With practically every major (and minor) country attempting to devalue their currencies, in order to make exports more competitive, the pressure builds on China to ease some pressure revalue the yuan upward.
This has an important historical parallel in the famous Plaza Accord of 1985, when the world’s major governments met to strengthen the yen and weaken the dollar.
Asia Times has a worthwhile read on the Plaza Accord, and the similarities and differences between Japan then and China now, and their respective relationships with the US. Perhaps most worrisome is that Japan’s relationship with the US — despite some trade friction — was way better than what China’s is with the US today.
The G-5 finance ministers hunkered down at the Plaza Hotel in New York on September 22 and decided to intervene cooperatively in the foreign exchange markets to guide the excessively high value of the US dollar lower as a means of enhancing the US’s export competitiveness and trim its enormous trade deficits. As a result, the Japanese yen’s value vis-a-vis the dollar doubled in only about two years, from 240 to 120 a dollar.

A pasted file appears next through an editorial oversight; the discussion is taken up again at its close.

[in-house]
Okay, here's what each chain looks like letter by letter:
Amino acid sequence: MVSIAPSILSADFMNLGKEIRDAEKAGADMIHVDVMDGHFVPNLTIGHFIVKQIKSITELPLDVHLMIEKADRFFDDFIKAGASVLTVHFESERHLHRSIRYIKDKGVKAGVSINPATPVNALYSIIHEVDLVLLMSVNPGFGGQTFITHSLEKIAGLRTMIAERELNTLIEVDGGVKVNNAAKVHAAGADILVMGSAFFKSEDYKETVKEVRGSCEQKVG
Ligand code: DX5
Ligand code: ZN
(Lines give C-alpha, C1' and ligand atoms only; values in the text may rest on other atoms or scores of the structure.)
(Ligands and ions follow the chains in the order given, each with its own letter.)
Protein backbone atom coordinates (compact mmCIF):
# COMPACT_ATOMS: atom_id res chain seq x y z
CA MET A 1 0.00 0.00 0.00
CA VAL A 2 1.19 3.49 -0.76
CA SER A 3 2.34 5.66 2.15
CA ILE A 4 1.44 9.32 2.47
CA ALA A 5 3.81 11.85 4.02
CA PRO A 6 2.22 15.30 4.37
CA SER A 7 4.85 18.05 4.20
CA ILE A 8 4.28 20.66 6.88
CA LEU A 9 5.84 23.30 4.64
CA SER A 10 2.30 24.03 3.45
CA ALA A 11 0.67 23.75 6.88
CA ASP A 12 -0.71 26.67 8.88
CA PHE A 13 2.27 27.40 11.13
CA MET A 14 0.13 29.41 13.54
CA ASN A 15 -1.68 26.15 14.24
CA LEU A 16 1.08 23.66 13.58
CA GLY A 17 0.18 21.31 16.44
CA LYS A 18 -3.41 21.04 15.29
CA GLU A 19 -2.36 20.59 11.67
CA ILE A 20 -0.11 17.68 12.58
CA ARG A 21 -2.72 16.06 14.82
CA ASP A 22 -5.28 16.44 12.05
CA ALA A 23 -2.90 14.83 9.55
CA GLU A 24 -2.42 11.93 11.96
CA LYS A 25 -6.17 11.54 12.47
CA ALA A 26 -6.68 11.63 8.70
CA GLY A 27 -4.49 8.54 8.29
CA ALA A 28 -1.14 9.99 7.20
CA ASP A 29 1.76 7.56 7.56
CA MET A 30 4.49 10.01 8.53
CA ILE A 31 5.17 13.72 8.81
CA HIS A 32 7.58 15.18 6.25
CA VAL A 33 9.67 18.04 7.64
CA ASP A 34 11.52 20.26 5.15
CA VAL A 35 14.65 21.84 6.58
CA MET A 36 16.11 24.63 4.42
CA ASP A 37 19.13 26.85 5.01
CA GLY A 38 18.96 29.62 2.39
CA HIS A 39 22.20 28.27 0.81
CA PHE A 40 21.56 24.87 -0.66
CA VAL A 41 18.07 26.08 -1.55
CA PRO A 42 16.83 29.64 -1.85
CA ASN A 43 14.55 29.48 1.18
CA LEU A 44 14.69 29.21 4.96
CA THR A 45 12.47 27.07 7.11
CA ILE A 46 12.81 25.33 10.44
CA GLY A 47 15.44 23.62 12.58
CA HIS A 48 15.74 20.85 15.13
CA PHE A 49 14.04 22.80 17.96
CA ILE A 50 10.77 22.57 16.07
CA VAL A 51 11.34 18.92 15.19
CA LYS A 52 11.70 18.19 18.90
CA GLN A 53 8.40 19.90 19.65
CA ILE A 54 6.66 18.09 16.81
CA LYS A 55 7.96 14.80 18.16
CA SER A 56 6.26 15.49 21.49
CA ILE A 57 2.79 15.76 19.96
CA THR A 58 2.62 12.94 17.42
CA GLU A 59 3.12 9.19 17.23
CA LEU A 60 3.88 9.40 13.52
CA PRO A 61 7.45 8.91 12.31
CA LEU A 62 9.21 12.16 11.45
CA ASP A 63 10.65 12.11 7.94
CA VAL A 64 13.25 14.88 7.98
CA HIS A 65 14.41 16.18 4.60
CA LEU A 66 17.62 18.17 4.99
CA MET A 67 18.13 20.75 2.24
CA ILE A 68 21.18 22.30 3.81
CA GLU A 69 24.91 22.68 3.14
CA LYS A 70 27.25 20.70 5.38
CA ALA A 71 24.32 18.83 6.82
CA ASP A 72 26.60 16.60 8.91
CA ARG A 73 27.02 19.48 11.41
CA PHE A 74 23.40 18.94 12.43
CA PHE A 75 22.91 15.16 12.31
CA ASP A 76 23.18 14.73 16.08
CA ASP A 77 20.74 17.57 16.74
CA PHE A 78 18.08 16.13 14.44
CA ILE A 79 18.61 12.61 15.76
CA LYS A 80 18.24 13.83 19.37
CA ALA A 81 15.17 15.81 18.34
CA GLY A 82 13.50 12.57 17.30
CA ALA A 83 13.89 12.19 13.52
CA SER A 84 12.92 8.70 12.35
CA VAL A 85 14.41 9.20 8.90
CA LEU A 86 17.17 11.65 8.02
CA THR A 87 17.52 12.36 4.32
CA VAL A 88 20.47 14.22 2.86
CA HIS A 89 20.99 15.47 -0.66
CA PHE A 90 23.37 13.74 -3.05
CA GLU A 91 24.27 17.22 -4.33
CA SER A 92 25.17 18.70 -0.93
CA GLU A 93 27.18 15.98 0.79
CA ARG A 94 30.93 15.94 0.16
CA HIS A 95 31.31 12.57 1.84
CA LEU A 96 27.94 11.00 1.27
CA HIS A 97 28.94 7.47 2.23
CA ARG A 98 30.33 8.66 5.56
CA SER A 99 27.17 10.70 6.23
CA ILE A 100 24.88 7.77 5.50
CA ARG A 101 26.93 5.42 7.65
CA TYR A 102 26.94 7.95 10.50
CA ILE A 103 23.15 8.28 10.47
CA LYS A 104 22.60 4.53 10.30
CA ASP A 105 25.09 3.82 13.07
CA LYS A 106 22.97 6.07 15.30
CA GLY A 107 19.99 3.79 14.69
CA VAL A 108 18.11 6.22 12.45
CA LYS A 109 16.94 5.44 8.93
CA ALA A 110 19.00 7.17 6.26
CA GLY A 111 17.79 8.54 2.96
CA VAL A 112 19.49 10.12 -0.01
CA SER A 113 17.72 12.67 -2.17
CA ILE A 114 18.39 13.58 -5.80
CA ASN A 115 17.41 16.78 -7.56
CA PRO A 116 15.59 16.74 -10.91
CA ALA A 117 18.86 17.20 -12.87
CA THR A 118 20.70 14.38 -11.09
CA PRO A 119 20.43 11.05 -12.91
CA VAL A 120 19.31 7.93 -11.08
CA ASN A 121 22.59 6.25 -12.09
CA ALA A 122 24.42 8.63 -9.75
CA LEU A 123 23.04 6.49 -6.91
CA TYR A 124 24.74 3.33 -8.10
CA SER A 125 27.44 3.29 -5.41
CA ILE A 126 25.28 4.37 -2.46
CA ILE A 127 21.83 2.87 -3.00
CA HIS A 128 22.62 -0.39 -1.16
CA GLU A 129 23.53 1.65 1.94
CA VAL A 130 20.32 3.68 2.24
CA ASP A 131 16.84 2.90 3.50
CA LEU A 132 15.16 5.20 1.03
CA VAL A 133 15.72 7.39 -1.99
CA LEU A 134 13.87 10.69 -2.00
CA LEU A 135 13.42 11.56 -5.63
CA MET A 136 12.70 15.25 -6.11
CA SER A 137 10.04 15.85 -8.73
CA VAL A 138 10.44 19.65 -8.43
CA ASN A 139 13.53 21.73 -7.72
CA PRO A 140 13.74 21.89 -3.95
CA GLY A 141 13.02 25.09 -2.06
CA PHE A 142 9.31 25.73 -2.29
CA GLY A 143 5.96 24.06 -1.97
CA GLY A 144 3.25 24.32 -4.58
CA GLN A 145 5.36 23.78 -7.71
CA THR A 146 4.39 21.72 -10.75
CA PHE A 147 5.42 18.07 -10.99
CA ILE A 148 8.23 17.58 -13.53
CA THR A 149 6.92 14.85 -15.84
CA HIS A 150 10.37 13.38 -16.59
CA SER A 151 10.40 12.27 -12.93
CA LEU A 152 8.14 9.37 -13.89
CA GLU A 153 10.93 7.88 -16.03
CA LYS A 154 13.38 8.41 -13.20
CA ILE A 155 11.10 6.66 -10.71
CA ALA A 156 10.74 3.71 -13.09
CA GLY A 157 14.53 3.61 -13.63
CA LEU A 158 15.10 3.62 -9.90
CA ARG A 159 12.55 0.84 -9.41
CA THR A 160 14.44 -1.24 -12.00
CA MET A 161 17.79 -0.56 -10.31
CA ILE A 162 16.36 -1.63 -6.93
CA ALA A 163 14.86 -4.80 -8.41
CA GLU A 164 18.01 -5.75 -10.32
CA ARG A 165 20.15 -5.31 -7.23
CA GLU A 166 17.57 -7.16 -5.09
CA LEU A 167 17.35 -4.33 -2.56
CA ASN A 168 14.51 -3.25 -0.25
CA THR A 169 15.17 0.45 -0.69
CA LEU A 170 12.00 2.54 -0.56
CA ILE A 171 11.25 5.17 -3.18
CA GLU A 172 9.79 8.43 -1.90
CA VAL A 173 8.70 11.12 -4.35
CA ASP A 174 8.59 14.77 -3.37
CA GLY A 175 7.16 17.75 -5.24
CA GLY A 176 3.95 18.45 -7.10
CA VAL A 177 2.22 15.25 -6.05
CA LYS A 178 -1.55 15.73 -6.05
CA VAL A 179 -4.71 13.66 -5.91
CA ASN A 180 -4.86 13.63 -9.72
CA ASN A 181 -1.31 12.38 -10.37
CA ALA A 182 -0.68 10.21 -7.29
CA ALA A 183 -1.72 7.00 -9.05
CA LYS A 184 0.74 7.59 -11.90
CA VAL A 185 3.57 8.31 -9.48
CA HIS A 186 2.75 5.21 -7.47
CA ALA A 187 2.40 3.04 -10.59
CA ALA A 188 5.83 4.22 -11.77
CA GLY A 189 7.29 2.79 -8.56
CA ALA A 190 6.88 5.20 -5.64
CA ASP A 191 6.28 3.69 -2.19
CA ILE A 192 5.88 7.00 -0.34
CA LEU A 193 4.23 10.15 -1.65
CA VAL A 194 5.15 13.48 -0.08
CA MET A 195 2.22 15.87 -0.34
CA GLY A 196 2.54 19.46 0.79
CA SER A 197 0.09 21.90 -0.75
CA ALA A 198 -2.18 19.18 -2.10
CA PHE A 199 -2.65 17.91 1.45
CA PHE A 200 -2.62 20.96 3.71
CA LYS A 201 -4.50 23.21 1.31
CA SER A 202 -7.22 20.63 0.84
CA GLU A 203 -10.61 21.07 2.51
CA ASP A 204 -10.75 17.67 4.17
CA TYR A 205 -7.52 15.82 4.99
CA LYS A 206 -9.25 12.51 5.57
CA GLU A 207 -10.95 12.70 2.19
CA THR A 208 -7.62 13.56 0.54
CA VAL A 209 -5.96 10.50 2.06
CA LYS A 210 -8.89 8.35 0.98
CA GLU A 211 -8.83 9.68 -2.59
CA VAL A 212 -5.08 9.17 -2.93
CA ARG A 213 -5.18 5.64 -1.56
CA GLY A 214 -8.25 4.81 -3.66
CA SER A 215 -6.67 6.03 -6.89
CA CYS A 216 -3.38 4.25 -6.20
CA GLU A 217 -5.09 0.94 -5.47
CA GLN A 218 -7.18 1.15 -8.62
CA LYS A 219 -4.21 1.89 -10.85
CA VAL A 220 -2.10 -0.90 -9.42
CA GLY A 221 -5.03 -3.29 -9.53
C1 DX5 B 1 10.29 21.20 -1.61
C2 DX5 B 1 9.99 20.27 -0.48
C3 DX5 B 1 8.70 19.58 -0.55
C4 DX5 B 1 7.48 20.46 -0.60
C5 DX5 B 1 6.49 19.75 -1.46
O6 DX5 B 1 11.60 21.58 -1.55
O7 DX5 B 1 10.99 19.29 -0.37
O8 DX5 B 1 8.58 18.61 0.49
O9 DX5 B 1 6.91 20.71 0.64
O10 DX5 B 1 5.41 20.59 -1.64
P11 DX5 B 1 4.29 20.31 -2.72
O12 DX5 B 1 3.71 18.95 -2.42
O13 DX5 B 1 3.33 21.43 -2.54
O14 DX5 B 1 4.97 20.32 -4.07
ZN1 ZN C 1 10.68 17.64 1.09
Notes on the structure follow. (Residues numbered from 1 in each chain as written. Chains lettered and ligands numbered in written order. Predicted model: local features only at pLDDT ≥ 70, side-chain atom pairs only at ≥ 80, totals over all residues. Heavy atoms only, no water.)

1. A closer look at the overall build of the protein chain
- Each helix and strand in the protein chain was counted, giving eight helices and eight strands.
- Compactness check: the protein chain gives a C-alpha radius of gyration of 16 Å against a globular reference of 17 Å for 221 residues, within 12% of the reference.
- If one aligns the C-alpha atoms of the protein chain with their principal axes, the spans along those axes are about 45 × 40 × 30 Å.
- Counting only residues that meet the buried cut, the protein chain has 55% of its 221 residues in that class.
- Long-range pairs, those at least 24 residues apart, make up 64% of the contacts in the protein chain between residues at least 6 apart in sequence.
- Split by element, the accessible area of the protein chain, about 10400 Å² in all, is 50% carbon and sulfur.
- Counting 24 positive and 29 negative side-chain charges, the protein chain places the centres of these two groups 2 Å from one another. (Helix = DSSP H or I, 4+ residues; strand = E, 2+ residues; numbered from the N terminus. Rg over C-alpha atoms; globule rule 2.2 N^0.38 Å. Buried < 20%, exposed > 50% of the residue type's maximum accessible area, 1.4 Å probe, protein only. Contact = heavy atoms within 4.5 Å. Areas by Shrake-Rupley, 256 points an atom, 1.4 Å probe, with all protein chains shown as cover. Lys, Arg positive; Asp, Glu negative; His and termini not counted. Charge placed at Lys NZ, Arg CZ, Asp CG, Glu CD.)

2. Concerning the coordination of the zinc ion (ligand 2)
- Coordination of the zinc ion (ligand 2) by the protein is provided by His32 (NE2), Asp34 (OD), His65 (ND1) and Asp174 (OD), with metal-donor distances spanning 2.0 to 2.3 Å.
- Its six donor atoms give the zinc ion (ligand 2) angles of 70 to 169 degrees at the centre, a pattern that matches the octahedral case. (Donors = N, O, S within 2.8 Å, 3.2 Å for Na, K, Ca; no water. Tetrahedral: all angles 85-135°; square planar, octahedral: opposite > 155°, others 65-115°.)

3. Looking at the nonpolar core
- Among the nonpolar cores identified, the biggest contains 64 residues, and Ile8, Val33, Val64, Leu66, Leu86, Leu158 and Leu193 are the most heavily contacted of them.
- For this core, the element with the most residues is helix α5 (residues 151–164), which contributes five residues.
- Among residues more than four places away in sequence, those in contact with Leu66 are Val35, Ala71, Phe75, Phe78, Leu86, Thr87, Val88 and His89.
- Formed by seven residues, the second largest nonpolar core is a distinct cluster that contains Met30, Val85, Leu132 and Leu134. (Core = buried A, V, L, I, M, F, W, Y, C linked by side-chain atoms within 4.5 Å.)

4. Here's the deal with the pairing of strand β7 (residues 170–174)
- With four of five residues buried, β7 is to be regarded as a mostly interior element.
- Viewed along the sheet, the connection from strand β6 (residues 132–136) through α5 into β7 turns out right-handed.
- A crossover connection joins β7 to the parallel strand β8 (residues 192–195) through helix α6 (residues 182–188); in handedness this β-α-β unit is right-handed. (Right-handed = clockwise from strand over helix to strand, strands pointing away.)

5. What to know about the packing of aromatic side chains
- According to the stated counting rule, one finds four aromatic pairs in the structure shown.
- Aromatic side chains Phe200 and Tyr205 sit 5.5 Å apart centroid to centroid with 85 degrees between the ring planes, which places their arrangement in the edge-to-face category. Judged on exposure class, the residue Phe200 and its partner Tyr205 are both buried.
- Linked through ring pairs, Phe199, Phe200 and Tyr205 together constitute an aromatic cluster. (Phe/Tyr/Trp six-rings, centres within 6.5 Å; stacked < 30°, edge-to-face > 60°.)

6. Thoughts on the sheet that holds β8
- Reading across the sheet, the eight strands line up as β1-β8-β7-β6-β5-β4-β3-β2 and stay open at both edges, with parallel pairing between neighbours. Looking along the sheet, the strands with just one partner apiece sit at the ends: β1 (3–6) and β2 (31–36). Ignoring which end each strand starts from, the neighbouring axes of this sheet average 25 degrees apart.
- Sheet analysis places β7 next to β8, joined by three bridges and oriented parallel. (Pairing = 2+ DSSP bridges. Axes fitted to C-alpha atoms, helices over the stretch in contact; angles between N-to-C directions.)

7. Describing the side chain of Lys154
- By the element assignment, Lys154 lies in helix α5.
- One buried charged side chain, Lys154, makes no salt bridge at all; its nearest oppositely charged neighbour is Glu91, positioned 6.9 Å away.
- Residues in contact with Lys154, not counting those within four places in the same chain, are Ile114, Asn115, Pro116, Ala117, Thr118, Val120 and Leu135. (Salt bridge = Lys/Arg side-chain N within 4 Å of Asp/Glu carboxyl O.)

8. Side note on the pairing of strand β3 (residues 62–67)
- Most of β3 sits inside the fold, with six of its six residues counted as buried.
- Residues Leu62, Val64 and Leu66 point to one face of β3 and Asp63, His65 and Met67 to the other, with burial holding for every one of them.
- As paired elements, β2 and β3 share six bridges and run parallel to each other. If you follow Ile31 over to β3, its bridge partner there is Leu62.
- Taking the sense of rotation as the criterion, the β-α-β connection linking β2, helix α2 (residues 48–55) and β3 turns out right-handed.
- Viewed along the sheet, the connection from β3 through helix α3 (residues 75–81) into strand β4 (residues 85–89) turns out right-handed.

The sharply higher yen prompted Japanese manufacturers to rush to shift production abroad, especially to Southeast Asia, to take advantage of cheaper labour there. Japanese automakers, which were particularly on the hot seat at the time amid raging trade protectionism in the US, also accelerated production in that country, not only to weather the stronger yen but to ease trade friction. In the early 1990s, the number of vehicles they assembled in the US exceeded that of their US-bound exports.
To help cushion the impact of the stronger yen on its economy in the wake of the Plaza Accord, Japan kept its monetary policy loose to stimulate domestic demand, but did so longer than necessary, resulting in the “bubble economy” of the late 1980s characterised by inflated prices for assets such as stocks and land.
Japanese exports to the US did not decline despite the Plaza Accord, however. And trade friction lingered and “revisionism” gained strength in the US, prompting the country to take a new tack on bilateral trade issues. Read the whole thing >
Here’s what the world’s major currencies did after the agreement:
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